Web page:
Bringing together the writer of the Danganronpa series and having them work with the director of the Zero Escape franchise will bring fans rushing to whatever the pair are working on. These incredibly popular visual novel puzzle games are mainstays of the genre and with World’s End Club seeking to combine their talents into an entirely new property, fans were quite eager to see what would come of the game. With a toned down narrative and more childlike focus, those familiar with the previous two properties may want to keep their hopes in check.
The Go-Getters club, an afterschool group of middle schoolers, is traveling on a bus on an apparent field trip when suddenly an apparent meteor strikes Tokyo, setting the world on a path towards apocalyptic ruin. When the children wake up not only is the bus driver missing but they have all been transported to a strange underwater amusement park that was abandoned a year prior and affixed with a strange bracelet on each of their arms. A mysterious creature appears and informs the children that they must play a “Game of Fate” if they have any hopes of escaping and they must complete a Task on a wristband to do so. The only problem is, only one person from the club can win and everyone’s Tasks are on different wristbands, meaning that not only must they compete against one another but they cannot trust each other since only one of the group can survive.
Although this death game may seem like a perfect start, and it just so happens to be one as well as players will quickly see just how far certain members of the group are willing to go and how manipulative they can be, things quickly come to a conclusion and move beyond that aspect to an entirely different type of story that is unfortunately far less interesting and plodding despite the amount of twists that the game tries to throw in. This is primarily due to the fact that many of these twists not only feel thrown into the plot as something of an afterthought but other larger questions that players should have about what is happening in the world or why things are happening as they are either brushed aside or simply not answered.
One element that still does remain fairly strong in World’s End Club is the cast of characters as well as the actual narrative that is tied to these characters. The core plot as a whole works fairly well thanks to the cast and they truly help carry World’s End Club as they are developed throughout the story. It is interesting to note that the game does feature “story” and “camp” sections where players will generally learn more about members of their club as well as make various choices that can send the story down a branching path. That being said, not every character is a winner in this regard and it does feel like the cast could either have been trimmed down to give the strongly written characters more time to shine or polish everyone at least a little bit more and perhaps avoid more of the gameplay aspects of the title as a result.
The third aspect of most chapters comes in the form of “Acts” where players will then need to partake in some of the simplest gameplay mechanics around. To avoid spoiling things, players will eventually find members of the Go-Getters club awakening special powers that can then be used to solve puzzles or take on a potential threat. The problem is, none of the puzzles are actually challenging in any regard nor are they even that creative. While it is possible that the game was designed with a younger audience in mind, even playing on the hardest difficulty available will be a slog for even most younger gamers.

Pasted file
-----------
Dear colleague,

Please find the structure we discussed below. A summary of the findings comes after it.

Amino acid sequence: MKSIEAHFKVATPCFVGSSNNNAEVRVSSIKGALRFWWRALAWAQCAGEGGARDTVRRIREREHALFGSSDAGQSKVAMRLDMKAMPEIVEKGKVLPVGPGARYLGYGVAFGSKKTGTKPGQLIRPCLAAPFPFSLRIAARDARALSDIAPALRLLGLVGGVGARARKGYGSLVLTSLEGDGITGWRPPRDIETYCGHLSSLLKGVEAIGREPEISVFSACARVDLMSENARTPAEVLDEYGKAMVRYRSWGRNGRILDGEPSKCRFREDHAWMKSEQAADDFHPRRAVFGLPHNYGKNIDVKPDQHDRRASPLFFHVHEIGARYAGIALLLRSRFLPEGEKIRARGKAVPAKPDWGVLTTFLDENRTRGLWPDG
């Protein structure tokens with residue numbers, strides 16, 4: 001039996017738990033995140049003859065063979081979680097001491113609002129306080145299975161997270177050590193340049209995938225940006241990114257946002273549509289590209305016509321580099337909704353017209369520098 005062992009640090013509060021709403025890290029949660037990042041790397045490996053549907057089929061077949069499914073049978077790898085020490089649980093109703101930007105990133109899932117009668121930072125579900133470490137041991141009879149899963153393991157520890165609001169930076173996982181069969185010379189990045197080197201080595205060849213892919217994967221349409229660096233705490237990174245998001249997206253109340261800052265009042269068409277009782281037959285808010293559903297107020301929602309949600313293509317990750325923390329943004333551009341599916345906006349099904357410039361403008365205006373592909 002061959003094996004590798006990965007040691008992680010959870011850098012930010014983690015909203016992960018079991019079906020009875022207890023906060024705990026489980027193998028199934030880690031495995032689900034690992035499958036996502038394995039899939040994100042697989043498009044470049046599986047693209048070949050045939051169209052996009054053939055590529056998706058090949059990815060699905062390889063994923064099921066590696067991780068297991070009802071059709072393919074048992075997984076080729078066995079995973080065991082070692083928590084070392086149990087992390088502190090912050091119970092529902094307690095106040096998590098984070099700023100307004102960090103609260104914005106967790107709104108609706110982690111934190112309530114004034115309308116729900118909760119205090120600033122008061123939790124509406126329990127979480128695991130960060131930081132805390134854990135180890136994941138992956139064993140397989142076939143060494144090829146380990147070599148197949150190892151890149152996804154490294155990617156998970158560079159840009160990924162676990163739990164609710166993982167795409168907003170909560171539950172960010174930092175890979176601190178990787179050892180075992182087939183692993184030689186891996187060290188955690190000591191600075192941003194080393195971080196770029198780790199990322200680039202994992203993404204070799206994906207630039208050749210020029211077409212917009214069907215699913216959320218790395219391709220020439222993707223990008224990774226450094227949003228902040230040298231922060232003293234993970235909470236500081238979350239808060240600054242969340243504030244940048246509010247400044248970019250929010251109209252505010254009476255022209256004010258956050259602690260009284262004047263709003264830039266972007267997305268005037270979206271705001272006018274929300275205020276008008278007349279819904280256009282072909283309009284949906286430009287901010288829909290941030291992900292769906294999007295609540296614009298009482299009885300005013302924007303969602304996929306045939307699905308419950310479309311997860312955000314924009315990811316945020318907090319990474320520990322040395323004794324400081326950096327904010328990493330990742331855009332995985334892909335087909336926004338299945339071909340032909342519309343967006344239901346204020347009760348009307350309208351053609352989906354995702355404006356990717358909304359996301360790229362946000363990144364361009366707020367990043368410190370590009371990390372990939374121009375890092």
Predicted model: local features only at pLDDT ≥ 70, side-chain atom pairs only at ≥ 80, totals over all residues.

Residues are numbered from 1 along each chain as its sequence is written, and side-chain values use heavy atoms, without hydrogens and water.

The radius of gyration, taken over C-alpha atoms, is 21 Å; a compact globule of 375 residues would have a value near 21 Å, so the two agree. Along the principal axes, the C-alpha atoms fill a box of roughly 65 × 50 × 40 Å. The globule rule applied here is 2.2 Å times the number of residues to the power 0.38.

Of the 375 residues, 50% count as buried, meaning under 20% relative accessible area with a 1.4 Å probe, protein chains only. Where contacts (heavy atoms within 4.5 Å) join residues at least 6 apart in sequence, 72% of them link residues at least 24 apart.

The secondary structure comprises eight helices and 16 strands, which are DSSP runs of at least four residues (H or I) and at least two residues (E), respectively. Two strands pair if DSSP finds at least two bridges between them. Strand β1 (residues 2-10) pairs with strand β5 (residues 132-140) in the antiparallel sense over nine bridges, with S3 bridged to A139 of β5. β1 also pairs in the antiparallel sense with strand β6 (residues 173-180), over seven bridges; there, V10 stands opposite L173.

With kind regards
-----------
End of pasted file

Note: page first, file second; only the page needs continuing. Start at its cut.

Along with puzzle solving and reading through plenty of dialogue players will also find that they will need to navigate through a number of platforming sections as well. The issue with these however tends to be the fact that the controls are a bit too rough and a failure will often result in instant death that even frequent checkpointing does little to alleviate. Combining simplistic puzzles with roughly designed platforming sections often resulted in any gameplay outside of the actual visual novel elements of World’s End Club being more annoying than anything else.
Visuals & Audio
With World’s End Club being released on the Switch the developers have managed to make the most out of the console’s ability by using a colorful and creative art style that is not only fairly unique in a way that blends anime aesthetic with comic styling but also makes sure that all of the character designs have a memorable enough appearance to them. Sure, there may not be any significant mascot character like many have come to expect from one half of the team but the designs are still handled incredibly well with the game running smoothly throughout.
It also helps that NIS America has provided a very satisfying English dub that makes sure every character, even those with smaller roles, have voices that chime in to keep players invested in the gameplay, though if players prefer the Japanese voice track, they can choose to swap between the English and original Japanese dub whenever they choose. Along those same lines World’s End Club also has a fitting sound track with plenty of variety to fit the wide range of experiences that the characters end up experiencing throughout the twisting story of the game.
World’s End Club may have a great start and a decent enough story after that point which is held up by some solidly written characters but unfortunately with many twists actually detracting from the story, it ends up being a fairly forgettable experience. To make matters worse, any narrative that may start gaining momentum is often stopped thanks to the inclusion of some watered-down and oft boring gameplay segments.
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